In the first installment on this topic, I looked at pasttimes presenting players with a disjunctive questions: Is this thing an X or a Y? These questions are framed so that they’ll be taken as involving exclusive disjunction; the answer “both” isn’t offered.
Sometimes this seems reasonable. For X-Face or O-Face?, it’s unlikely (though not impossible) for a guitarist, say, to be expressing great emotional involvement with the music and experiencing sexual climax at the very same moment, so that the answer “both” would very rarely be appropriate. Things are different for Gay or Eurotrash?, and different in another way for Cheese or Font?
It is certainly possible for someone to be both gay and Eurotrash, and in such cases the answer “both” to the question “Is Gilles gay or Eurotrash?”, conveying ‘Gilles is gay and Gilles is Eurotrash’, would be accurate.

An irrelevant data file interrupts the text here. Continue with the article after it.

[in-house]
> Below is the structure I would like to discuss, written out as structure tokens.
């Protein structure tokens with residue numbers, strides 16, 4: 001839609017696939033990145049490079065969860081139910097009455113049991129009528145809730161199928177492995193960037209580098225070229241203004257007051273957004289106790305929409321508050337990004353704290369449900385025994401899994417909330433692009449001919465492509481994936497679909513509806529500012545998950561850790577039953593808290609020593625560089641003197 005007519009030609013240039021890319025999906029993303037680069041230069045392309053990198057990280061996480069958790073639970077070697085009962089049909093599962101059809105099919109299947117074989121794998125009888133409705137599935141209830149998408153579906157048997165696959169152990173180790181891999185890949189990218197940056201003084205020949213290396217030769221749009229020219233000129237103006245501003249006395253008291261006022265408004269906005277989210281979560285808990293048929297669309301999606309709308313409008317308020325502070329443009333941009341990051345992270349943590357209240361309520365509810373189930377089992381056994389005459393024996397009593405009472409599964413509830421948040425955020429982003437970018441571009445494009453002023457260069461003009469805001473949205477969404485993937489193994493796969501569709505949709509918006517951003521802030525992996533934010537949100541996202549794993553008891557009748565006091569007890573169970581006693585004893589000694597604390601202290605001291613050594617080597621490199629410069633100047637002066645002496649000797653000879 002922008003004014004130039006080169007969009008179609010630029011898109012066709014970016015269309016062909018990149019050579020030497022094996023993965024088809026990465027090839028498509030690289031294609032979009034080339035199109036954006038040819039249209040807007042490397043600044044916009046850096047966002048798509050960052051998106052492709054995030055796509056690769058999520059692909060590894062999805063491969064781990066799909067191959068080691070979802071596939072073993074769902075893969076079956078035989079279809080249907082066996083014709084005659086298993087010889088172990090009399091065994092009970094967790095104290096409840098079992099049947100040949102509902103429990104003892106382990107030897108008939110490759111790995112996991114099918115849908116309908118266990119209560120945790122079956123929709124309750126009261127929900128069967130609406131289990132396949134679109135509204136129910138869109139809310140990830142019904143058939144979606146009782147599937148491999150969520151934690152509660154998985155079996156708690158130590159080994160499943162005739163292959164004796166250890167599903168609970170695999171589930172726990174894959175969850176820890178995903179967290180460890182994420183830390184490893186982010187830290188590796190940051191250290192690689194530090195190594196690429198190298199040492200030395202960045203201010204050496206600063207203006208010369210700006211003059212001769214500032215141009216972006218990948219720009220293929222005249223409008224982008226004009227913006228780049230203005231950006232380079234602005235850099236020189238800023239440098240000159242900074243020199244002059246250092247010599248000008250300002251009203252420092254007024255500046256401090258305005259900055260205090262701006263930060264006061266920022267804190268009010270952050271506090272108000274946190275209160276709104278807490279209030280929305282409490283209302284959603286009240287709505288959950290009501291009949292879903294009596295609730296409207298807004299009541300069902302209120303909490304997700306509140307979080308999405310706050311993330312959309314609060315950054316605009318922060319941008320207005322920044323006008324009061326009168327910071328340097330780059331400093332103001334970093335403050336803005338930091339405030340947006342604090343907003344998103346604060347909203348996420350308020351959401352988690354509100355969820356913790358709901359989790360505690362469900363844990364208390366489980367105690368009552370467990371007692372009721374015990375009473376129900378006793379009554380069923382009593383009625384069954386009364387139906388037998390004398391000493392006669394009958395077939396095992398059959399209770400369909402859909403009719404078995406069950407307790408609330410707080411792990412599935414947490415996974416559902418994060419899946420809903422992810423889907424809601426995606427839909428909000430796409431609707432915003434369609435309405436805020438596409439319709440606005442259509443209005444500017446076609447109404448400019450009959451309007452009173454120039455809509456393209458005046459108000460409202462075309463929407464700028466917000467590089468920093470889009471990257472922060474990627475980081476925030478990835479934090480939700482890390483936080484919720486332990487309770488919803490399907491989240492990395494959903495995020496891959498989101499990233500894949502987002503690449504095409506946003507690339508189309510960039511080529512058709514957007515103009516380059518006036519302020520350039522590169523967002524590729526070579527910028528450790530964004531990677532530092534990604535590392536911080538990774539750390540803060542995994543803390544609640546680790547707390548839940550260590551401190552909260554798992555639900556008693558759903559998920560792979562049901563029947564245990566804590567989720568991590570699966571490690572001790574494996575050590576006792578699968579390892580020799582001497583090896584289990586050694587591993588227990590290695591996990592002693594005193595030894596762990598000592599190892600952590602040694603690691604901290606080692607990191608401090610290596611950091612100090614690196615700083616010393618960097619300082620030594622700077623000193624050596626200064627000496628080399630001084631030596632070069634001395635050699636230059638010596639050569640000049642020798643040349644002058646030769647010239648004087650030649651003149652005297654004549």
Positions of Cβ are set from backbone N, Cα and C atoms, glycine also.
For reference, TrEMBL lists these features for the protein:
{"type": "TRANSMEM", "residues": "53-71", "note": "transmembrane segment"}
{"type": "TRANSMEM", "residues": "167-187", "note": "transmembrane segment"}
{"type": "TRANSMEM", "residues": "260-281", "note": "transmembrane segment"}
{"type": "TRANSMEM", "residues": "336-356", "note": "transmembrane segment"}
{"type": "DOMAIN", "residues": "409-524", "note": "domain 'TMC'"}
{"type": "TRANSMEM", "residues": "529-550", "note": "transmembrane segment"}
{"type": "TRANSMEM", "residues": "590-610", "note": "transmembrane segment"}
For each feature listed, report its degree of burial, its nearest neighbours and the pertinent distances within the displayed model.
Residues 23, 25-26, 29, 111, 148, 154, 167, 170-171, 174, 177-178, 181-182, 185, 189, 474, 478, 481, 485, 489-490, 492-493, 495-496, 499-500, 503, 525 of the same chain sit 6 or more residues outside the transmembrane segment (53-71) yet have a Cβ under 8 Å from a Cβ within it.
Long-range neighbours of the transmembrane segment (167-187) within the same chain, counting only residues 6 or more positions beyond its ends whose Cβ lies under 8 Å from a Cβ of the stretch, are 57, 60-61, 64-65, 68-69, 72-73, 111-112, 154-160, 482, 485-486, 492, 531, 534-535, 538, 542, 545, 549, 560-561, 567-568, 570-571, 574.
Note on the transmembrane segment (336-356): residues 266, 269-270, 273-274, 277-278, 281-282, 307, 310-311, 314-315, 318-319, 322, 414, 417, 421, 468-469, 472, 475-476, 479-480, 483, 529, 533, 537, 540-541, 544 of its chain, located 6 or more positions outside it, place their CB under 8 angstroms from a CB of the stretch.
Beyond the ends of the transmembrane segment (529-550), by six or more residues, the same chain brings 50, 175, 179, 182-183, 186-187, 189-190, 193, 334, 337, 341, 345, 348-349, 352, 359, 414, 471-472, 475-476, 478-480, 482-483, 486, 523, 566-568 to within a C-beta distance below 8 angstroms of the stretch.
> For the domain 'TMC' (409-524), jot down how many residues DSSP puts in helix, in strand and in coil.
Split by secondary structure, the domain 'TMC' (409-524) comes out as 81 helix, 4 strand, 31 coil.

(In fact, Gay or Eurotrash? usually doesn’t come with real-world answers, but is played as a game of opinion. For each photograph, a program tots up the judgments given by a number of players and then reports the group opinion. Gay or Metrosexual? is usually played the same way.)
However, for Cheese or Font?, the answer “both” is the right answer in some cases, but that answer doesn’t mean that there is some referent that is both a cheese and a font (hard to imagine what such a thing would be like). Instead, it means that there’s a cheese with some name and there’s also a font with this name; strictly speaking, we’re dealing with homophonous names here.
Romano is a cheese, and Romano is a font — meaning that Romano is the name of a type of cheese and Romano is the name of a type of font. Saying that Romano is both a cheese and a font exploits the very frequent metonymy of name and thing.
Similarly, if there’s a disease and a plant with the same name. (There probably are, but I haven’t yet found them.) A game of Disease or Plant? would then have to admit the answer “both” in this case.